Aquino’s predecessors built economic pillars; he built trust

August 7, 2015 at 13:31

Aquino’s predecessors built economic pillars; he built trust

July 30, 2015 12:00 am JST

CLIFF VENZON, Nikkei staff writer

A screen shows Philippine President Benigno Aquino delivering his final state of the nation address on July 27. © AP

MANILA — In downtown Angeles City, around 80km north of Manila, a seemingly nondescript building is one part of the Philippines’ still-unfolding success story.

Owned by a domestic real estate company, the eNTEC building has a pair of business process outsourcing companies as anchor tenants: U.S.-based call center StarTek and Indian information technology outsourcing specialist Tata Consultancy. StarTek occupies seven of the eight floors, where some 1,000 agents answer phone calls 24 hours a day, seven days a week. Most of the calls come from North America.

Gwenn Santiago, a manager at StarTek, said that apart from a stable power supply and high-speed Internet, renting space at eNTEC brings perks such as an income tax holiday, duty-free importation of equipment and value-added tax exemption.

How can an office complex offer such incentives? In 2012, President Benigno Aquino declared the building a special economic zone.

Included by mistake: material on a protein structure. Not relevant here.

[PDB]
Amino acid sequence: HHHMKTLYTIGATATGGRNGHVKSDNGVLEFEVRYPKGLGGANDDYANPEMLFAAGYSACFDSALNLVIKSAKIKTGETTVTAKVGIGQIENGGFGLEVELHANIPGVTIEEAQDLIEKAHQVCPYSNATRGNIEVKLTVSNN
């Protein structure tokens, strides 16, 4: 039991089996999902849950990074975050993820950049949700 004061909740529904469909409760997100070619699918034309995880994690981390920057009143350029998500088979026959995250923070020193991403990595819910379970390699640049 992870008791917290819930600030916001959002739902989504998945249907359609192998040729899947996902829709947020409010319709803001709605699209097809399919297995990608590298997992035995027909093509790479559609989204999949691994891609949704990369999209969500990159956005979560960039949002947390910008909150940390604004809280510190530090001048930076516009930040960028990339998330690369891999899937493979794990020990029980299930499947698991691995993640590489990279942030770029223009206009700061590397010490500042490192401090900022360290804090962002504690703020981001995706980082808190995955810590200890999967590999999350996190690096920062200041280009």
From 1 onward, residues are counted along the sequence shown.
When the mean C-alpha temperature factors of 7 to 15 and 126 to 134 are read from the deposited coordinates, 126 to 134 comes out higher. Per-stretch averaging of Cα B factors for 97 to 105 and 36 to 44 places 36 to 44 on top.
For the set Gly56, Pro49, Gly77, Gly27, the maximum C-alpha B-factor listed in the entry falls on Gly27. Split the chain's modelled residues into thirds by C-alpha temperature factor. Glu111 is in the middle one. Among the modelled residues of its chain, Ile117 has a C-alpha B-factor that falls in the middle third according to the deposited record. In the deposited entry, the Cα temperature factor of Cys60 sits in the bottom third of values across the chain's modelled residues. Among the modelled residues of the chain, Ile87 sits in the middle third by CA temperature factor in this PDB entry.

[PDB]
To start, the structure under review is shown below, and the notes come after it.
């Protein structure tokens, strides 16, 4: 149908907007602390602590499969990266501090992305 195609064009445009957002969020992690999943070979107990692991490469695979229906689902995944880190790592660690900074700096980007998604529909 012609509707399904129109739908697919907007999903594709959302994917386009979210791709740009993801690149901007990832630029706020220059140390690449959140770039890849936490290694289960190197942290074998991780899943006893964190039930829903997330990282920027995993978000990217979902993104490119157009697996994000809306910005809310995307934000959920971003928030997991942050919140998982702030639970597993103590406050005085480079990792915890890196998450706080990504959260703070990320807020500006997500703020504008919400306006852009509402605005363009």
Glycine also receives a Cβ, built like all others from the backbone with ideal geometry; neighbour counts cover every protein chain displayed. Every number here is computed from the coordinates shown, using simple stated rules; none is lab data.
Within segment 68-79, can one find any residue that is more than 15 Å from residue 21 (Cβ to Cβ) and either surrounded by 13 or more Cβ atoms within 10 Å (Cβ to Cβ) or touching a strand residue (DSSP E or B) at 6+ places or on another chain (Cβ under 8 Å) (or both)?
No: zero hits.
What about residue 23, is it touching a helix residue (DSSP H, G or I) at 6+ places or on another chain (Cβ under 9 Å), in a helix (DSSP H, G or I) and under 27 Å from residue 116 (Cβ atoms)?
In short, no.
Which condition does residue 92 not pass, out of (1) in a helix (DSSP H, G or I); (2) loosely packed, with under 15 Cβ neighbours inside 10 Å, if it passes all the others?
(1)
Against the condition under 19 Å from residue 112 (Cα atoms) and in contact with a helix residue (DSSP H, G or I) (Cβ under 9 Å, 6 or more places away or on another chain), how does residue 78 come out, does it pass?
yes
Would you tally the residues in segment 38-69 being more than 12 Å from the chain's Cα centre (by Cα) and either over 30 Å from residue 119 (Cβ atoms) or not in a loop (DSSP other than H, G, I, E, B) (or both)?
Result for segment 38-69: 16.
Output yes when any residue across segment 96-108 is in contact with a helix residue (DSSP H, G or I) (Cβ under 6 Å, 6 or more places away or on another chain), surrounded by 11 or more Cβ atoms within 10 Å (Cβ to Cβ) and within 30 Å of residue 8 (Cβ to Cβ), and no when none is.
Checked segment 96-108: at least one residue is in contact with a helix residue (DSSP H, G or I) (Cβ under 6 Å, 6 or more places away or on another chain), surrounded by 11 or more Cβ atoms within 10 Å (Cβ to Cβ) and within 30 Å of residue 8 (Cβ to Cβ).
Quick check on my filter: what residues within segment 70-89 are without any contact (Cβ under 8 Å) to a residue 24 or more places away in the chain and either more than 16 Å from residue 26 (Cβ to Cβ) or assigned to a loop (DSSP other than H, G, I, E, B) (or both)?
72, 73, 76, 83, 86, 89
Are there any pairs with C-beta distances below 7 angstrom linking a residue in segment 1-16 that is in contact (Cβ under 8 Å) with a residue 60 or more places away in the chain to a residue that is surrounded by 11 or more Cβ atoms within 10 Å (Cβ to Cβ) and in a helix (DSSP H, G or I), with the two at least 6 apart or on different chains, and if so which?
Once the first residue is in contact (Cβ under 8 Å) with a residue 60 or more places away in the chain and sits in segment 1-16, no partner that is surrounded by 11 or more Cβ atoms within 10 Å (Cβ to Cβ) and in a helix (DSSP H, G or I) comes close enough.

Unlike the vast industrial parks of China, Thailand and other countries, special zones in the Philippines come in all sizes. As long as a facility houses exporters of goods or services, investors can apply to the Philippine Economic Zone Authority, or PEZA.

More than half of the special zones registered with PEZA are information technology parks or buildings like eNTEC. Many are used for business process outsourcing. The $18 billion industry has become a major contributor to an economy that, in the last five years, has averaged 6.2% growth, the fastest in 40 years. Aquino, delivering his final state of the nation address July 27, said a 6.8% expansion this year — below the 7-8% target — would be enough to make growth coinciding with his presidency the highest six-year average in 60 years.